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US Withdraws From International Accords After ICJ Ruling on Iran, Palestine

U.S. National Security Advisor John Bolton tells a reporter how he refers to Palestine during a White House press briefing in Washington, U.S., Oct. 3, 2018. | Photo: Reuters U.S. National Security Advisor John Bolton tells a reporter how he refers to Palestine during a White House press briefing in Washington, U.S., Oct. 3, 2018. | Photo: Reuters
WASHINGTON DC, October 4, 2018 - The United States withdrew from two international accords Wednesday after the International Court of Justice (ICJ) ordered the country's government to ease sanctions against Iran. The international accords allowed Iran and Palestine to pursue legal action against the U.S.
This withdrawal by the U.S. is considered largely symbolic as the country has previously ignored ICJ rulings whose jurisdiction has not been recognized by the U.S. since 1986.

On Wednesday, Secretary of State Mike Pompeo announced that the Donald Trump-led administration made a decision to withdraw from the 1955 United States-Iran Friendship Treaty. The treaty, often ignored by the U.S. completely, served as the foundation of the latest ruling by the ICJ.

Soon after the announcement, National Security Advisor John Bolton said that the country will also drop out of an optional part of 1961 Vienna Convention on Diplomatic Relations, which allows countries to settle disputes with each other in the ICJ. Last month, Palestinians used the the ICJ to sue the U.S. over Trump’s decision to move the U.S. embassy from Tel Aviv to Jerusalem. This move came in accordance with the Trump administration’s recognition of Jerusalem as the capital of Israel, which Palestinians consider their holy city and a part of their future state.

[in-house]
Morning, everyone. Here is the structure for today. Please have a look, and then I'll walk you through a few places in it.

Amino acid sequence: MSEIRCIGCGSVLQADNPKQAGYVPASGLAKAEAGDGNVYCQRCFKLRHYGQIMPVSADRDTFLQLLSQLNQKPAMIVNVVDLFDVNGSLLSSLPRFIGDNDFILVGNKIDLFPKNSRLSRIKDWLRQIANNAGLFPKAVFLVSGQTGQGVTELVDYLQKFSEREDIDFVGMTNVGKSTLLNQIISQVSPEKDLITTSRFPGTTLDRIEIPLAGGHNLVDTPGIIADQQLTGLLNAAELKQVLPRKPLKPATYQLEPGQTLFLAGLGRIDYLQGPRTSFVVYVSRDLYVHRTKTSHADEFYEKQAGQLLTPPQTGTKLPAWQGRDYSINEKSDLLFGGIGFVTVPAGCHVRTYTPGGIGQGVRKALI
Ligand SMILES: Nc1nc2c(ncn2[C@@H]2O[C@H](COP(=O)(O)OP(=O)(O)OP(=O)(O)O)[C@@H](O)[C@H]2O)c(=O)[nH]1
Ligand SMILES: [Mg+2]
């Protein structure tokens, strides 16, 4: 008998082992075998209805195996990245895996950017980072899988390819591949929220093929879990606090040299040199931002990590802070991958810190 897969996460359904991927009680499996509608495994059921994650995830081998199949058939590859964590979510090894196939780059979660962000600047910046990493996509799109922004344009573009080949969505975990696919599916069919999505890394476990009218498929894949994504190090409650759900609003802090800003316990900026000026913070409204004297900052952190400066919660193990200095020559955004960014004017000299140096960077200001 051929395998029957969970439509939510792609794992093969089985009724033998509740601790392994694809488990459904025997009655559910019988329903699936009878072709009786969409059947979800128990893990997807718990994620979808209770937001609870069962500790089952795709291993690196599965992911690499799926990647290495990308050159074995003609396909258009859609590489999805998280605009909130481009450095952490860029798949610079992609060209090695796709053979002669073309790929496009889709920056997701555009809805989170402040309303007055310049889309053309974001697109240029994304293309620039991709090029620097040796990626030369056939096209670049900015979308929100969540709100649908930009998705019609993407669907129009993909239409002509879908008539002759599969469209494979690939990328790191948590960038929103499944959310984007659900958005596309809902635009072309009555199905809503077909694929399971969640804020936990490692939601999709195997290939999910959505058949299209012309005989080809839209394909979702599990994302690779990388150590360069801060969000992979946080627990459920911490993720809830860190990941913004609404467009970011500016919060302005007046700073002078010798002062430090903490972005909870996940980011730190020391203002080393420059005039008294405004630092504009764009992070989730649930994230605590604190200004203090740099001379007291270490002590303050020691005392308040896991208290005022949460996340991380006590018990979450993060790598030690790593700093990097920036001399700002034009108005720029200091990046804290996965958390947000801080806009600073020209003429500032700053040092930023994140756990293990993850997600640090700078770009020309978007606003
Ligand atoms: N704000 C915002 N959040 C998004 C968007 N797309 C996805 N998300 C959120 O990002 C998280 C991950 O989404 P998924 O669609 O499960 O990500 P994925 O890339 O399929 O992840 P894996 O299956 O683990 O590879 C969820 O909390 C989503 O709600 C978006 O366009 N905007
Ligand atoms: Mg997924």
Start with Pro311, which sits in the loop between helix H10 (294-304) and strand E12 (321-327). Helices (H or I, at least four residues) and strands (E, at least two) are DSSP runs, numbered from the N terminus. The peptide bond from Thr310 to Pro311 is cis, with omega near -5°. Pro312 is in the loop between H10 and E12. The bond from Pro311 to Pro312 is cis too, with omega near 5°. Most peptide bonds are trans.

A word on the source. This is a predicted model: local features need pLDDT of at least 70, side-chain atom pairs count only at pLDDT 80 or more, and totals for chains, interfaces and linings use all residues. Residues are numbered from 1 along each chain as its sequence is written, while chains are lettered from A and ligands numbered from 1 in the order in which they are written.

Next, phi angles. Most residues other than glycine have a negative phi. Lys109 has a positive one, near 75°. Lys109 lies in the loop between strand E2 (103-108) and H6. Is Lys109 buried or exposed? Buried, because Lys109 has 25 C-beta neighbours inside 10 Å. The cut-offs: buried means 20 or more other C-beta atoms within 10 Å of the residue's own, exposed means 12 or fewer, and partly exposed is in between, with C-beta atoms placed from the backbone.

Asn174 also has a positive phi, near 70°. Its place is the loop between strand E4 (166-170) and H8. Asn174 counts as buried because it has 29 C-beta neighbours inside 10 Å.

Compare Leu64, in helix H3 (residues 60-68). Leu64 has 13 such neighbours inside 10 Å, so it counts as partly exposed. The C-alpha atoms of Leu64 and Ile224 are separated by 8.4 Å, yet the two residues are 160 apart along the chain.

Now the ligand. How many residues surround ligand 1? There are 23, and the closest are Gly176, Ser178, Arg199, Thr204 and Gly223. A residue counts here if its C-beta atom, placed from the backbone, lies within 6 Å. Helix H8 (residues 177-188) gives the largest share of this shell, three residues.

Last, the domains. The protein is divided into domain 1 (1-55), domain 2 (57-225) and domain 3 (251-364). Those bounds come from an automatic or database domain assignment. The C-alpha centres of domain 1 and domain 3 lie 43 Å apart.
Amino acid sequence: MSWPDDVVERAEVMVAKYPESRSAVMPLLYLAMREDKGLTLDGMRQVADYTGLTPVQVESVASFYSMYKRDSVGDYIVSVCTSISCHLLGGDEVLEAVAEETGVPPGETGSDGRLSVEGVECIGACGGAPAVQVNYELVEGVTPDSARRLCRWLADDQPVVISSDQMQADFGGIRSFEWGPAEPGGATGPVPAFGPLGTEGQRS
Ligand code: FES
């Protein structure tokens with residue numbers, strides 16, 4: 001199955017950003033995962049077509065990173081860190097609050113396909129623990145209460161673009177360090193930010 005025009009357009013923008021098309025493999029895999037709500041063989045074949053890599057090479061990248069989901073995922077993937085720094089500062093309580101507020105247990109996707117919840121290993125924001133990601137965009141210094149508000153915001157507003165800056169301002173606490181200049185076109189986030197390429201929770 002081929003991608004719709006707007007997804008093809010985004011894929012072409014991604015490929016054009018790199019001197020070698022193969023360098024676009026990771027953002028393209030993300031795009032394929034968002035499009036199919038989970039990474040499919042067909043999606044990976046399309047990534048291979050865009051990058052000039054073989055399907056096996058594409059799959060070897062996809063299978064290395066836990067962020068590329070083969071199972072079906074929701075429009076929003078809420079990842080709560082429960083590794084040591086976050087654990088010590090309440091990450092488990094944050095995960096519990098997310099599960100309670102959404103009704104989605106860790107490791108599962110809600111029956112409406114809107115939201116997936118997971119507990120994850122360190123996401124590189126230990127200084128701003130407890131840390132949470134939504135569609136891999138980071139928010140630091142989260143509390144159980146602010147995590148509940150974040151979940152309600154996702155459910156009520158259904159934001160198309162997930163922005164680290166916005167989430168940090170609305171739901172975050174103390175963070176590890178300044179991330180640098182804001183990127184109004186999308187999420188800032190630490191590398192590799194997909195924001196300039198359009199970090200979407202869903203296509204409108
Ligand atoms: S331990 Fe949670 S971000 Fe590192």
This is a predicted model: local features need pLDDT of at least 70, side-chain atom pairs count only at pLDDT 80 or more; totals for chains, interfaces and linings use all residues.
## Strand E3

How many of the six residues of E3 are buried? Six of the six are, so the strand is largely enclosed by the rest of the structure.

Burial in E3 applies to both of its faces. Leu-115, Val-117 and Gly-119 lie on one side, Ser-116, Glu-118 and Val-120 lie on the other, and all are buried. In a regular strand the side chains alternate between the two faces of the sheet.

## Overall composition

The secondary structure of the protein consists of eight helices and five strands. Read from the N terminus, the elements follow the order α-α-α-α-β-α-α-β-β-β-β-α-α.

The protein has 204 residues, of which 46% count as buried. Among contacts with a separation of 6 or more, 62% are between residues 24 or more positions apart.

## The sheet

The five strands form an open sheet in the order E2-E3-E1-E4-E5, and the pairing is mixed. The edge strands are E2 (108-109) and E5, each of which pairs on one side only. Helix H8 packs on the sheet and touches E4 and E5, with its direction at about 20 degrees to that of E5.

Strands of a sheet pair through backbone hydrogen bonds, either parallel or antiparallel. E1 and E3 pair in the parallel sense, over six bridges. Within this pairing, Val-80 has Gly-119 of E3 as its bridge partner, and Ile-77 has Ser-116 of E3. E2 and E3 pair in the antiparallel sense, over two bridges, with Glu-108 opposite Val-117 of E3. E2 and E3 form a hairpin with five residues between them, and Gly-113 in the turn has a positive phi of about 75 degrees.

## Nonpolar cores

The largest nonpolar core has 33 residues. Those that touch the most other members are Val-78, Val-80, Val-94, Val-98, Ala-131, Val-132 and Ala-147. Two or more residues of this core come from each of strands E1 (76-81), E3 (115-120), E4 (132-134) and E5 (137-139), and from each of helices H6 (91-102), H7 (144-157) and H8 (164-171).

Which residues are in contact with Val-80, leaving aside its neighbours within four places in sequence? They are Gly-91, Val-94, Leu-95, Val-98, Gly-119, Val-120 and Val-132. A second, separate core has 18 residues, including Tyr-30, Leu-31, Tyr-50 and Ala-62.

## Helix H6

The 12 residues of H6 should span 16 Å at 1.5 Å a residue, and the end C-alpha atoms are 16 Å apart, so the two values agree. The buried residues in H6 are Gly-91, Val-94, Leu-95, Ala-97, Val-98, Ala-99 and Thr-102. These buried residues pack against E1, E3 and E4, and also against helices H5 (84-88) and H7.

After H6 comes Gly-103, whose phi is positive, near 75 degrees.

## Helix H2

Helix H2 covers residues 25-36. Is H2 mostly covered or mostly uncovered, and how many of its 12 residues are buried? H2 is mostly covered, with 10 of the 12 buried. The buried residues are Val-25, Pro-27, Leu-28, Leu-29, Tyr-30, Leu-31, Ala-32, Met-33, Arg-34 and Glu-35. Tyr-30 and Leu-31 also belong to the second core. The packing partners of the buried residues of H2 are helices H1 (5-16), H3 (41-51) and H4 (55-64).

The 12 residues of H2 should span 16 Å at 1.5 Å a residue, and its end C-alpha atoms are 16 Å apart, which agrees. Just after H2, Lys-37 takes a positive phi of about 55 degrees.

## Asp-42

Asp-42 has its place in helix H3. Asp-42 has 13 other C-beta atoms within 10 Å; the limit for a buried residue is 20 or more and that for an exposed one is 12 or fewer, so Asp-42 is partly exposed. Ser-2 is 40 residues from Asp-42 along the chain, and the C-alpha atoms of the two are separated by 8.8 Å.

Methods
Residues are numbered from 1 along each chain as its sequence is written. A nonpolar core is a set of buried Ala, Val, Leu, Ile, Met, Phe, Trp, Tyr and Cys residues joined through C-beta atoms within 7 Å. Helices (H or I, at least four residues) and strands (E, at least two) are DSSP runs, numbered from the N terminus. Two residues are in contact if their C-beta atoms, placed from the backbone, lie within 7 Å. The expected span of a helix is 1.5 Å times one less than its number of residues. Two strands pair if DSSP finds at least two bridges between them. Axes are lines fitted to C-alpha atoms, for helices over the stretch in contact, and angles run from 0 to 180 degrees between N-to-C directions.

“The United States will not sit idly by as baseless politicized claims are brought against us,” Bolton said at the White House. Following the decision to leave the 1955 friendship treaty with Iran, Pompeo said: “This is a decision, frankly, that is 39 years overdue.”

Iranian Foreign Minister Mohammad Javad Zarif responded to Wednesday’s moves by calling the U.S. an “outlaw regime.” The U.S. frequently uses the same phrase in reference to Iran.

The Trump administration has been against international institutions which ‘constrain U.S. sovereignty,' and National Security Adviser John Bolton has been a driving force against these institutions. Last month he threatened the International Criminal Court and its judges with sanctions if it “comes after us, Israel or other U.S. allies.”

At the White House briefing Wednesday, Bolton also said that the administration would review all international agreements that can be used against the U.S. in the International Court of Justice.

During the 73rd UNGA sessions, the U.S. president also opposed globalism and upheld the country’s sovereignty.

  • Countries: United_States

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